The Silicon Valley is booming. According to a recent U.S. Census Bureau report, the startup-riddled “techtopia” has the country’s second-highest concentration of wealthy people. Some 16 percent of Santa Clara County households earn at least $191,000 per year, placing them in the nation’s wealthiest 5 percent.
With Bigwigs like Google, Apple and Facebook anchored in the area and a burgeoning legion of venture capital-backed startups angling to be the next “big thing,” the forecast looks favorable for those riding the latest wave of wealth.
But not all those residing in Silicon Valley are sharing these sunny skies. According to the Silicon Valley Index, today there are more people on food stamps than there were 10 years ago, and homelessness has swelled 20 percent since 2011.
“In the midst of a national economic recovery led by Silicon Valley's resurgence, as measured by corporate profits and record stock prices, something strange is going on in the Valley itself,” Cindy Chavez, executive director of Working Partnerships USA, said in an interview with the Associated Press. “Most people are getting poorer.”
Much of this is due to the rising cost of living in the Silicon Valley. The Insight Center for Community Economic Development says the median price for a home in the area is $550,000, while rent averages a little under $2,000 a month for a two-bedroom apartment. This means a family of four needs to make around $90,000 a year just to cover basic necessities like rent, food, transportation and childcare.
This is not much of an issue for the region's well-educated (and paid) programmers, techies and business savants, but what about those working minimum or even reasonably-waged gigs? In short: They are being left behind
The average income for Hispanics, who make up some 25 percent of Silicon Valley residents, has fallen to a record low of $19,000 a year, according to the Silicon Valley Index. Conversely, the Silicon Valley elite is worth billions.
“The fact is that we have an economy now that’s working well only for those at the very top,” said Economic Policy Institute President Lawrence Mishel in another AP interview. “Unless we adopt a new approach to economic policy, we're going to continue going down this path, which means growth that does not really benefit the great majority of people in this country.”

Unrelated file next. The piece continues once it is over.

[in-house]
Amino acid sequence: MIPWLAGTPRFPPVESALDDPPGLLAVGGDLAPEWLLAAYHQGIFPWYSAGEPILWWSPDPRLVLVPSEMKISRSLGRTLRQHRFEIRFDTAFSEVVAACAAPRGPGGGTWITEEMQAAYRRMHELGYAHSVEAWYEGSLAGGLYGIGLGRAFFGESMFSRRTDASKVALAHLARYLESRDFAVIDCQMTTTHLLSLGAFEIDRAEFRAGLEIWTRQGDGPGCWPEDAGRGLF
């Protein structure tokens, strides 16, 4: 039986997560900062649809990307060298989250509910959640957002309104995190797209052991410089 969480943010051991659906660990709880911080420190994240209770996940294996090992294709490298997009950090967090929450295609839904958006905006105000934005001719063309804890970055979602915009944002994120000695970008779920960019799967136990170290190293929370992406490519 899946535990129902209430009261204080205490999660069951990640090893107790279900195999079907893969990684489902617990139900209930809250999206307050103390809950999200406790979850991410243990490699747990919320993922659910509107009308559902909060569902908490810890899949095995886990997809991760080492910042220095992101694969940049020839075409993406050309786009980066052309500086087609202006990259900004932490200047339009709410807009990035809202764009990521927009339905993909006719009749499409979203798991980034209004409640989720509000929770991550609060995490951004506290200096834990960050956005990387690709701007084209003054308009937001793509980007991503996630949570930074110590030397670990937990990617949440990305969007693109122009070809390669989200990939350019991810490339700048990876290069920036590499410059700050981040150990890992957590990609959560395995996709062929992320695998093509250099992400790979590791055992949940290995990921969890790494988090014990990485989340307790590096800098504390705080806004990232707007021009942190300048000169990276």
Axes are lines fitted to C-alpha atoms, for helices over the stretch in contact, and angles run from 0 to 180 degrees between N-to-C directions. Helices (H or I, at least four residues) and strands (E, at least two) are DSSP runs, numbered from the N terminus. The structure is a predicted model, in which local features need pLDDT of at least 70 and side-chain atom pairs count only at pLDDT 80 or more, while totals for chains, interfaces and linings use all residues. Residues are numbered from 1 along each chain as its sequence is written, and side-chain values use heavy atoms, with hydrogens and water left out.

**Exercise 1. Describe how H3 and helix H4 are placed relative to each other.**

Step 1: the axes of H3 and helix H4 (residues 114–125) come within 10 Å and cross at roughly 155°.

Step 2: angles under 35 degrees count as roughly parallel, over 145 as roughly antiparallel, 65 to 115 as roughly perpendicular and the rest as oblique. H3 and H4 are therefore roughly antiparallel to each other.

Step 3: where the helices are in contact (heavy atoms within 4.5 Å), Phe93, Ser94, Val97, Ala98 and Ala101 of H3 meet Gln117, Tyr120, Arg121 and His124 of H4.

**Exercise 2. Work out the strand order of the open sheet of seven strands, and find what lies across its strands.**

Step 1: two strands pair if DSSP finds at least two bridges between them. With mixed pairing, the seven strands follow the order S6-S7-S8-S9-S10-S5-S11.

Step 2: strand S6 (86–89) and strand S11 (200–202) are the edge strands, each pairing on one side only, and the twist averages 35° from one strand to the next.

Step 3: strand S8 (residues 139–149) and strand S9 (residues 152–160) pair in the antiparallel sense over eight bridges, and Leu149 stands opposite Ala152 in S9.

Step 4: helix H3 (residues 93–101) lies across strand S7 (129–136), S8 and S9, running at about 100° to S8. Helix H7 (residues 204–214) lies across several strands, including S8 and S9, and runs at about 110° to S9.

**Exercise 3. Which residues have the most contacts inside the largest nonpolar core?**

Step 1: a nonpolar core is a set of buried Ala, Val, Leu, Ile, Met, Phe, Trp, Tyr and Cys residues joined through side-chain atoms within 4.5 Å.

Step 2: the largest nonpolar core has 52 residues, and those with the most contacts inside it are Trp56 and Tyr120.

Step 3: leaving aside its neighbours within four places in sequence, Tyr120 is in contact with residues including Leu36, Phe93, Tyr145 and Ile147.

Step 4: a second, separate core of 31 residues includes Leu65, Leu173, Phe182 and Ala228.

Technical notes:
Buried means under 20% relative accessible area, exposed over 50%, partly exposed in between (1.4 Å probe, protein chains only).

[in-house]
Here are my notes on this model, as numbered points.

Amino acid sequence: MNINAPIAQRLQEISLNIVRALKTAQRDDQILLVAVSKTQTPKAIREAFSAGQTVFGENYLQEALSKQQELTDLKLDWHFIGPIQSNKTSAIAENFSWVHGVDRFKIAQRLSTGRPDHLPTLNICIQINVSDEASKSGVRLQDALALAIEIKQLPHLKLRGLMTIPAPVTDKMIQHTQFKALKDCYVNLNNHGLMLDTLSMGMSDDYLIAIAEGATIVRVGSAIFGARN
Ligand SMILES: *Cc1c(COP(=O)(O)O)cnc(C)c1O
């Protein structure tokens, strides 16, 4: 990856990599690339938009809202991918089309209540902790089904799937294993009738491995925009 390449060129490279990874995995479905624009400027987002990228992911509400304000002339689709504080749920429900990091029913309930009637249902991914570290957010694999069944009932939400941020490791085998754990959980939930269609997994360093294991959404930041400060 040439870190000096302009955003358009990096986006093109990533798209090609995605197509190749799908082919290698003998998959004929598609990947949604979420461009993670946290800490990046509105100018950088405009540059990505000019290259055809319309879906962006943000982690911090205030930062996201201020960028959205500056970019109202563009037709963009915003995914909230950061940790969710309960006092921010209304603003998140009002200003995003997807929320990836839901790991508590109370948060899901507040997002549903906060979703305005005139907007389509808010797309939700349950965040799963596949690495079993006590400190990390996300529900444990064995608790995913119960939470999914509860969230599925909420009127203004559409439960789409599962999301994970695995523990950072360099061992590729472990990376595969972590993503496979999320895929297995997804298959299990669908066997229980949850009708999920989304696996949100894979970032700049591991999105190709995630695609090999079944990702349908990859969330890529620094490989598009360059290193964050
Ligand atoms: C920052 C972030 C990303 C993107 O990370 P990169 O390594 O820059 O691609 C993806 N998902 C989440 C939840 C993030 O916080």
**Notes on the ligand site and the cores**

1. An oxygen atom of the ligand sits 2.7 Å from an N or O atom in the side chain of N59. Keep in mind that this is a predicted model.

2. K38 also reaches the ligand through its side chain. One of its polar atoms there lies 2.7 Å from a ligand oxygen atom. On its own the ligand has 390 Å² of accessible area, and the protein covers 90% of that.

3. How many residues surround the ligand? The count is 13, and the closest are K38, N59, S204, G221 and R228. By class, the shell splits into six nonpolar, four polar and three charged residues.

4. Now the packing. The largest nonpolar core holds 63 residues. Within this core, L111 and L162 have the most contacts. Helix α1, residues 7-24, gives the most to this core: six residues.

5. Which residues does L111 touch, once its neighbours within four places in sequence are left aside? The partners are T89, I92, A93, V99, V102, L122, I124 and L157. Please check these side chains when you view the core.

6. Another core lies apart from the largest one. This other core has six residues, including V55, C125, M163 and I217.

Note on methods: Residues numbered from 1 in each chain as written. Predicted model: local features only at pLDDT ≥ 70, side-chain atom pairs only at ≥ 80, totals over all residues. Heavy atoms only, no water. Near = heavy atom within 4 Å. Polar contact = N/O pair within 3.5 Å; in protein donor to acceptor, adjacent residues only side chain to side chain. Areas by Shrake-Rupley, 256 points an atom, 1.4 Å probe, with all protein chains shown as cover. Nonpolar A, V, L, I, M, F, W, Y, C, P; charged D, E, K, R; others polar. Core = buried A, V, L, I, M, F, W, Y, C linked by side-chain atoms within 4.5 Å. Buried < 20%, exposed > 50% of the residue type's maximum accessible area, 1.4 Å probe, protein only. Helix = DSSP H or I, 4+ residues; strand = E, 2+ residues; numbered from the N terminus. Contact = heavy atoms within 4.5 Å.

The grim reality is this trend is not exclusive to the Silicon Valley – we are living in one of the starkest eras of economic inequality in history.
Last month, Dan Ariely and Michael Norton’s 2011 study on wealth inequality went viral on YouTube and has attracted more than 5.5 million views to date. The video visualizes survey results showing what Americans believe the ideal wealth distribution to be, contrasted with the actual distribution. According to the video, CEOs now make 380 times the average worker’s pay and the top 1 percent has more wealth than the bottom 90 percent – combined.
This is why unemployment continues to soar even as corporate profits remain at a record high. While the government has been quick to prop up big business when it stumbles, small business is where the solution lies – they have created more than 65 percent of the net new jobs in recent years.
One cannot help but be reminded of the famous Charles Dickens passage: “It was the best of times, it was the worst of times, it was the age of wisdom, it was the age of foolishness, it was the epoch of belief, it was the epoch of incredulity, it was the season of Light, it was the season of Darkness, it was the spring of hope, it was the winter of despair, we had everything before us, we had nothing before us, we were all going direct to Heaven, we were all going direct the other way…”
What good is prosperity if enjoyed only by a select few? We must find a way to reconcile people, planet and profit – to make full use of our cognitive and creative potential as human beings to rise up to the challenges that will define a generation.
As the world shrinks, we continue to grow and our actions will absolutely change the world – for better or worse.
Currently based in Washington, D.C, <strong>Mike Hower</strong> is a new media journalist and strategic communication professional focused on helping to drive the conversation at the intersection of sustainable business and public policy. To learn more about Mike, visit his blog,<a href="http://climatalk.com/" > ClimaTalk</a>.